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  • Cortney Dowdle

Working Off Campus as an International Student in the USA

Updated: Apr 6

Hi everyone! Welcome back to The Savvy International blog. The past couple of weeks, we talked about understanding the F1 student visa. Recently in particular we focused on working on or off campus. The process to apply for Optical Practical Training, or OPT, can be complicated, so I wanted to dedicate a blog to breaking it down for you. You can read all about this process online here - https://www.uscis.gov/opt, but sometimes students still have questions. I wanted to break it down as simply as possible and give some scenarios of different things that can happen. Remember to read the last blog about working on and off campus in the USA - https://www.thesavvyinternational.com/post/how-to-make-money-as-an-international-student .


Learn about OPT and securing that off campus job!

There are two types of OPT – pre-completion and post-completion. Pre-completion OPT can be used after a student has been studying abroad for at least one year. Post-completion OPT starts after the student has completed the degree. Students working in STEM fields also have the option to apply for a 24-month extension in addition to the first 12 months. Read more about that here.


Important note – You can only use 12 months combined of either pre or post-completion OPT. For example, if you work for eight months while still in school under pre-completion OPT, then you would only have four months left for post-completion OPT.

First things first though and that's applying for OPT. I put together some FAQ's that you might have while learning about OPT.





Let’s look at some of our Frequently Asked Questions from students:


When should you complete the application?

  • SEVIS recommends applying for OPT at the beginning of the semester if you intend to start working after that semester finishes. For example, if you want to work over the summer, you should start the process in January when spring semester begins.

Do you apply for OPT or find a job first?

  • You can apply for a job first. Sometimes students will obtain an employment letter, but after they get approved they have received another job offer. You just need to notify your DSO if you change employers at any point after your OPT has been approved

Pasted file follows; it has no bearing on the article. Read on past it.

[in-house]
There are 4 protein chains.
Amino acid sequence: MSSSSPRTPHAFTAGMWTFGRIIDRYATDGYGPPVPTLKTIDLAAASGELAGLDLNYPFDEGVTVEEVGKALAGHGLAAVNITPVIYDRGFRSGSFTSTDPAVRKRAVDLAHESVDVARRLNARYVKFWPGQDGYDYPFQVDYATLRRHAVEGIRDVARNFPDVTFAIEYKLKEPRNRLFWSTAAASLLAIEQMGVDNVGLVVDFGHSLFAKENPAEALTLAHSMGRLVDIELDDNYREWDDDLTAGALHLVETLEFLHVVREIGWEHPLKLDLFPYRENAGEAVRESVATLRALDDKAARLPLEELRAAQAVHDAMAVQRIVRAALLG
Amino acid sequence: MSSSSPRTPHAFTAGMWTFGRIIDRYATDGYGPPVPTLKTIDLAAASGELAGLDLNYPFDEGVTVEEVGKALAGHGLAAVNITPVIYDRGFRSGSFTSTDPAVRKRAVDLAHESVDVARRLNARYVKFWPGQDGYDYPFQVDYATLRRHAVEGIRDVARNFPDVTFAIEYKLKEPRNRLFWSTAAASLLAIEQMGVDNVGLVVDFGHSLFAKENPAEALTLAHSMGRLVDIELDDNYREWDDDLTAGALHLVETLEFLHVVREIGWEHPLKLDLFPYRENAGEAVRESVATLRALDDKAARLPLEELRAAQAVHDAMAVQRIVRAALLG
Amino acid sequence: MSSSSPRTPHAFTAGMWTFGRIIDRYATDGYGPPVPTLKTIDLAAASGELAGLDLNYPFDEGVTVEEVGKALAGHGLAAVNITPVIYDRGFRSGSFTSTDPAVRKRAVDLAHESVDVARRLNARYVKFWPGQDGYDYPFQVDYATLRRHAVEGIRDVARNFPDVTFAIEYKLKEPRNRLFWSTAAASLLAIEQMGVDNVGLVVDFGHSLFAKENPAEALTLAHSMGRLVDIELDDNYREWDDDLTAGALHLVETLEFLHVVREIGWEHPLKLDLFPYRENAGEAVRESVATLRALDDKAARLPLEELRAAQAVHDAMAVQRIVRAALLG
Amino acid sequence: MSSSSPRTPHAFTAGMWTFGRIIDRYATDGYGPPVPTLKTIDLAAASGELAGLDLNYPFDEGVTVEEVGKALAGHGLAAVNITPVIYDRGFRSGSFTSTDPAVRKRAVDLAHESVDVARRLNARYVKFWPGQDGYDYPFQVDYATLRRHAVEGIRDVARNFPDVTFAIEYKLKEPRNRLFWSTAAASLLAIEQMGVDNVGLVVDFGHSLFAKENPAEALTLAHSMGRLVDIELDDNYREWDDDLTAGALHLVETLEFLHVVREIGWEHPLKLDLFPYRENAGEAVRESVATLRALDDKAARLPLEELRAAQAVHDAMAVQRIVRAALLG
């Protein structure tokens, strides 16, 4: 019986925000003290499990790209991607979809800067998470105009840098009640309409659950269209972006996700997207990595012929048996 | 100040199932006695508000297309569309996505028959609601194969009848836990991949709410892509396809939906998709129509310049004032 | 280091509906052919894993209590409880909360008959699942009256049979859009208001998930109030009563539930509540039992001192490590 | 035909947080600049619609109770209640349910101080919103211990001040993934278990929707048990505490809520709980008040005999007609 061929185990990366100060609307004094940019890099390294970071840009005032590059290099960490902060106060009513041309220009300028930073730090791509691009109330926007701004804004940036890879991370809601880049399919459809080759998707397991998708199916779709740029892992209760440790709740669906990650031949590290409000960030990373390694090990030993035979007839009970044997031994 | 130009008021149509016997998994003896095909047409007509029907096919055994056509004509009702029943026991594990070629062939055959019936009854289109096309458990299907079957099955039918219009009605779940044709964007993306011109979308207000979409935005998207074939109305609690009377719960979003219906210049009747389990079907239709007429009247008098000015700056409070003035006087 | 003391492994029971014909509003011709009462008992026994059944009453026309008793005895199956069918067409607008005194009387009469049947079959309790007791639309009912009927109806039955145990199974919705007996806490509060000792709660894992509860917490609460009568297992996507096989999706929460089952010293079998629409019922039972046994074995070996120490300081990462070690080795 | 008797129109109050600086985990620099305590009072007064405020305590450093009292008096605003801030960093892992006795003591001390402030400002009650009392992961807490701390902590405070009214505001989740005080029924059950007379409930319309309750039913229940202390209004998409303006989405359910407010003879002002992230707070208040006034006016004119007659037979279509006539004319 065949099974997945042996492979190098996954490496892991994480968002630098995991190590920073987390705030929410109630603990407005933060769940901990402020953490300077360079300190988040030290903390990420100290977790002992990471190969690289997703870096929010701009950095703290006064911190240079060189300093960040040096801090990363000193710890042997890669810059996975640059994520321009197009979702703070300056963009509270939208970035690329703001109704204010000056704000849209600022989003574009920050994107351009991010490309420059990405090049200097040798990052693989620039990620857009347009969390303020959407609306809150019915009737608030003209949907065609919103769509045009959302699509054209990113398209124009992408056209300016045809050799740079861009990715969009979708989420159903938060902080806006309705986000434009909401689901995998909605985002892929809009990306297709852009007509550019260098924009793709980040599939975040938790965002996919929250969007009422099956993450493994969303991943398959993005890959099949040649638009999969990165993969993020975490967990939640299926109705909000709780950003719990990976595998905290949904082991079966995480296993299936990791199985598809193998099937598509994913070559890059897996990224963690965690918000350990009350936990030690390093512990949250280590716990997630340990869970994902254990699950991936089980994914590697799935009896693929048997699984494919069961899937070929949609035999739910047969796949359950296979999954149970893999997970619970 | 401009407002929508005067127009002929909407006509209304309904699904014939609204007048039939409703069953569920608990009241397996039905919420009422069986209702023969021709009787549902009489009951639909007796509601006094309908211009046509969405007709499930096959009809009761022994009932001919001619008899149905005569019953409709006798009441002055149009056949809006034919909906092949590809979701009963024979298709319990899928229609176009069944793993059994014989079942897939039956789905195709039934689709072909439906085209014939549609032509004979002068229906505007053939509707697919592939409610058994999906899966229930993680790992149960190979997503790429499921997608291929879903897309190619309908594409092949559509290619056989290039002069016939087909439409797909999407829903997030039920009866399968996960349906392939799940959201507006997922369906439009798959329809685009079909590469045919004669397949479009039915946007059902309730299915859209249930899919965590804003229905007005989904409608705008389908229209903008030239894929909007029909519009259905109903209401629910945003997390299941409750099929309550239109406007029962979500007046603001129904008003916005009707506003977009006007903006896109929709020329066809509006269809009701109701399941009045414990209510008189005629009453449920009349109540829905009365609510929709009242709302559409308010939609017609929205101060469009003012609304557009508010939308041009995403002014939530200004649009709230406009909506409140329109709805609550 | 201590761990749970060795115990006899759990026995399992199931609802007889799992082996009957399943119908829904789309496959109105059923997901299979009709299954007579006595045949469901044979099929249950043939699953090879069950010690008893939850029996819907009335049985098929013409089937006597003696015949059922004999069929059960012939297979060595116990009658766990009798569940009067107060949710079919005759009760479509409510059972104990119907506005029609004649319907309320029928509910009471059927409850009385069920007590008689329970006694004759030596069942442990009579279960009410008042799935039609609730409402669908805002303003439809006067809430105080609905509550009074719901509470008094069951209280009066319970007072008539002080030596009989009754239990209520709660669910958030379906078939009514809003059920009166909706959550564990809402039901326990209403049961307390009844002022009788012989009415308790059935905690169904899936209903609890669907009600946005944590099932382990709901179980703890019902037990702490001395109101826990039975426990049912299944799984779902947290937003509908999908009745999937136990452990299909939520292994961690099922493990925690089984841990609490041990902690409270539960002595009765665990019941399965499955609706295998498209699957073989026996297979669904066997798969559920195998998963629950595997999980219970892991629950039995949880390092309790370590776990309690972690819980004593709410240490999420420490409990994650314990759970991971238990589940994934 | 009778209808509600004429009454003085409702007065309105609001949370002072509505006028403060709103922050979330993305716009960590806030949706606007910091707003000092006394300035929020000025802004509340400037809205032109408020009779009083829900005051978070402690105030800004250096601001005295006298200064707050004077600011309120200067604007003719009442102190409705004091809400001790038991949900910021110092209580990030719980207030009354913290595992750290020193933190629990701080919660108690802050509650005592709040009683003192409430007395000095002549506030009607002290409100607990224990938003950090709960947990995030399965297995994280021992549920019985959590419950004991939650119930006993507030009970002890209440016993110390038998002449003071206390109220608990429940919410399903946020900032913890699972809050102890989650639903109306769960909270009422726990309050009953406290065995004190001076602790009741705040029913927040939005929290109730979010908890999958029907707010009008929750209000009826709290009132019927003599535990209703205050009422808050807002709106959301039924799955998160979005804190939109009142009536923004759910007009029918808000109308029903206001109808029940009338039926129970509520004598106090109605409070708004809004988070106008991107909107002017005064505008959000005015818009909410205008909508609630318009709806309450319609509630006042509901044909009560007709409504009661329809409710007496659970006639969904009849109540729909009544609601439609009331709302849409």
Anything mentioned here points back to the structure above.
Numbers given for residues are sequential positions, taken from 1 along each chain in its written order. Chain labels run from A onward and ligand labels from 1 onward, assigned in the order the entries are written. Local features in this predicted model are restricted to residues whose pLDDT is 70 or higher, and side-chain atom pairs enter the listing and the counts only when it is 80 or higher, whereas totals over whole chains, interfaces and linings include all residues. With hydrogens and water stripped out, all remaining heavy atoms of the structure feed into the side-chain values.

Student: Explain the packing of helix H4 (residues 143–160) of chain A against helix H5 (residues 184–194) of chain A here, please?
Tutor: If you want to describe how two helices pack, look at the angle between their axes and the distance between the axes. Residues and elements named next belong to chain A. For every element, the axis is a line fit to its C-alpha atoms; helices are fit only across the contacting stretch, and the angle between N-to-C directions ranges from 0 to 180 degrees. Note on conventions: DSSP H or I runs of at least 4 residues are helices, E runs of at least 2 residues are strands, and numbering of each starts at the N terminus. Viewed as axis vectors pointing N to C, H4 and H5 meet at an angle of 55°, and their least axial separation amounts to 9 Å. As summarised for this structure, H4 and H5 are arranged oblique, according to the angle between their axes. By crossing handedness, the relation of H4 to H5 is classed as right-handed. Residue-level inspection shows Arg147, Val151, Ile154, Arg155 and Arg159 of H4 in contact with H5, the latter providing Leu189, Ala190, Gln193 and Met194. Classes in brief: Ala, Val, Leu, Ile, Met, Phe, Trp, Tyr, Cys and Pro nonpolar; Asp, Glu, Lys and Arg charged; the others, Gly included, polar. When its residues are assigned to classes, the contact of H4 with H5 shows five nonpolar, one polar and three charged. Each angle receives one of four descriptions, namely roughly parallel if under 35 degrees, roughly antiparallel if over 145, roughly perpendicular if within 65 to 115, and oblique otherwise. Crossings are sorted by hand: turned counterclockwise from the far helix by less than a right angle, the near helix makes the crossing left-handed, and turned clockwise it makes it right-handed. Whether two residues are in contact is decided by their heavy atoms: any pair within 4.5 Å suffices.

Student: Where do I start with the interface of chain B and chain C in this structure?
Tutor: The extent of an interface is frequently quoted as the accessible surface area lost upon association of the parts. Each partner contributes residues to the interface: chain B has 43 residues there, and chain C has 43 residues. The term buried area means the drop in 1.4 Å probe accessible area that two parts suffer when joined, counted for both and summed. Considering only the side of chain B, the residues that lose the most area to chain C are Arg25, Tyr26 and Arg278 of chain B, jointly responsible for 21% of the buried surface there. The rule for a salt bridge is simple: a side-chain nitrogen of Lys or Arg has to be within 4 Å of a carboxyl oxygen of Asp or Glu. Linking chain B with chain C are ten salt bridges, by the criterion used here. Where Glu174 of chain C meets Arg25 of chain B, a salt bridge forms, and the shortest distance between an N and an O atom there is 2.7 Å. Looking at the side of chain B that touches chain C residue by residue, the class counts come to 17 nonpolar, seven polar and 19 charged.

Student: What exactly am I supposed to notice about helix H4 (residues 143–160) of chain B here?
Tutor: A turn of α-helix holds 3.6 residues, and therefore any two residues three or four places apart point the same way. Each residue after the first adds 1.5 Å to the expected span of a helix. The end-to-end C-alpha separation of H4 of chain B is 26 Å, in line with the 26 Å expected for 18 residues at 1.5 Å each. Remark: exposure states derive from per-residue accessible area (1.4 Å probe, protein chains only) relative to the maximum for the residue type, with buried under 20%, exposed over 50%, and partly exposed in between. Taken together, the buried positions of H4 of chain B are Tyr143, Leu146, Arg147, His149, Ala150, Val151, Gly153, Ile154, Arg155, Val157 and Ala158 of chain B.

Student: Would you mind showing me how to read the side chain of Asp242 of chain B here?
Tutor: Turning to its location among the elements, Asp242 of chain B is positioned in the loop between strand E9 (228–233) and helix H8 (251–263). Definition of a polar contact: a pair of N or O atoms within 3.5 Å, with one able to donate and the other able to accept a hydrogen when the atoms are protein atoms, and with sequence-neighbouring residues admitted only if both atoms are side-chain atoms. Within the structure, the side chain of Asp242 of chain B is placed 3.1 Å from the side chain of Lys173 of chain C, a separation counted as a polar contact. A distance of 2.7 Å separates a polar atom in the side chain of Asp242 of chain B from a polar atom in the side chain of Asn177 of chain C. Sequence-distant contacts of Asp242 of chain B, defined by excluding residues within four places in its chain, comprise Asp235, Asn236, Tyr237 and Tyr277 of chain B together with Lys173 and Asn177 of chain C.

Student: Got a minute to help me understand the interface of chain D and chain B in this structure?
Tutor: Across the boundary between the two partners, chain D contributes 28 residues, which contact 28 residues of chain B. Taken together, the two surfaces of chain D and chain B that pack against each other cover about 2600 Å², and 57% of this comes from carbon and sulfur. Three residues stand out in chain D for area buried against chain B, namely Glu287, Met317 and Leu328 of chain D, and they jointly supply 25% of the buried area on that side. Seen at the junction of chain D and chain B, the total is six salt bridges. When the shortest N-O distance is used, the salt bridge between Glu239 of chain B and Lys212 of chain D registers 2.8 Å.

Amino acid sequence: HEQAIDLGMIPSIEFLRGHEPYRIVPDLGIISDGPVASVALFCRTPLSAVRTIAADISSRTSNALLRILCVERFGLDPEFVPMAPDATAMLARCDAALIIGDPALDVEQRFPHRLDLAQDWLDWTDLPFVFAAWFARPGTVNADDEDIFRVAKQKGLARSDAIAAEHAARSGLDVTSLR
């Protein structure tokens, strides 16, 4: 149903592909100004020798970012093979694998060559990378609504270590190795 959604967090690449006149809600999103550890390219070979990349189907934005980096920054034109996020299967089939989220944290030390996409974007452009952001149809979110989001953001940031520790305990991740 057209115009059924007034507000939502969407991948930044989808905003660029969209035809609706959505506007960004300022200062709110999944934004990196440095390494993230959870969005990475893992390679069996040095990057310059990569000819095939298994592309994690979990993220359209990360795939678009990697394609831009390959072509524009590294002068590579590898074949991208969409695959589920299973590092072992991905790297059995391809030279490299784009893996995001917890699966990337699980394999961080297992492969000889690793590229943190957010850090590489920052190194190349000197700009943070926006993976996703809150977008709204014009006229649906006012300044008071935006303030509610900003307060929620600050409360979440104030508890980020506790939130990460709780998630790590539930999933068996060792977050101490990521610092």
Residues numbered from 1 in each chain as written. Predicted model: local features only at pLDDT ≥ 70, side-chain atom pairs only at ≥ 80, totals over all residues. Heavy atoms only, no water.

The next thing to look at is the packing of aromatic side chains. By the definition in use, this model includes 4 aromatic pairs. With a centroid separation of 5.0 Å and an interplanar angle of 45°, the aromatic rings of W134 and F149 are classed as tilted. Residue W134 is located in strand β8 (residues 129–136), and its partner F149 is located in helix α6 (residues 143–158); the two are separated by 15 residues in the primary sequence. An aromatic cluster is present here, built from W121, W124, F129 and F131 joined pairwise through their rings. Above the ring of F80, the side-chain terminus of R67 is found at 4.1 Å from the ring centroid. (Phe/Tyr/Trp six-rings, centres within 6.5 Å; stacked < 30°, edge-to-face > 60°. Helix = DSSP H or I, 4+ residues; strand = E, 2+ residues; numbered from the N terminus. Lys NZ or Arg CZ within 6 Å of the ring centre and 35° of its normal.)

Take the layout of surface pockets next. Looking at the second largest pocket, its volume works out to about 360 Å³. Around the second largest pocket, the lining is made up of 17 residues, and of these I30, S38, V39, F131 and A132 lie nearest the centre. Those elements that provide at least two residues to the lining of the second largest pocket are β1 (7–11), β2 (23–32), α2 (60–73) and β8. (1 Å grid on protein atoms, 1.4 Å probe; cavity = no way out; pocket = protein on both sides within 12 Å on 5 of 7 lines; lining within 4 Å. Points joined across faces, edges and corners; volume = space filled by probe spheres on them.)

What materials do you need?

  • See list below

How much time will the application take?

  • It can take anywhere from a few weeks to several months, which can be frustrating. This is why applying early is always the safest bet!

Can I go home until I find a job and then return to the USA?

  • No – you are not allowed to travel while your OPT is in the process of being approved.

How much does it cost?

  • The filing fee is $410 USD (as of June 2019)

  • You also have to purchase your passport pictures ($7-$15 USD)

These are just a few questions that I’ve had students ask in the past. When I first started working in higher education, I had no clue at all how to navigate the OPT application process. I learned quickly when I started working with international student visas that SEVIS can be an unforgiving system, meaning if your DSO makes a mistake, it can take quite a while to fix. It’s important that you understand the process so you can complete the necessary steps to get your OPT approved and starting earning that cash!


OPT can be a complicated process, but gives students the chance for valuable work experience!

If you decide to do OPT, you should first schedule a time to talk with your DSO or international advisor. After you talk to your DSO, they can sign your I-20 and “recommend” that you do OPT. Then you need to complete the application. Heads up – this application is zero fun. Not that many applications are fun to fill out, but the I-765 is really, really not fun. There is a 27-page PDF on the USCIS website to prove it (link below in resources).




Here are the main things you need to know:

  • As an F1 student, you are eligible for OPT

  • Only use black ink

  • Write your SEVIS number at the top of each page (in case the pages get mixed up!)

  • Submit the application with the following materials:

  • Completed application

  • Fee – must be a money order or cashier’s check

  • The fee must be made out to US Department of Homeland Security

  • A printed copy of your most recent I-94

  • Passport copy

  • Two passport pictures

So what happens after you submit the application and materials? A few things could happen. USCIS may request more information. If this is the case, they’ll send a formal request and give you a certain amount of time to submit everything required. They may also request that you appear for an in person interview. Finally, USCIS can either approve or deny your request. If approved, you should receive your EAD (employment authorization document) in the mail. If you are denied, then you do have the options to appeal or motion for review of your decision. See this link for more information.


Okay, so this blog has covered what would likely take hours to navigate on the USCIS website. I hope you guys understand the basics of OPT a bit better and know where to go once you decide to put the application in . Make sure you meet with your DSO early on so they can assist as well.


Helpful links:

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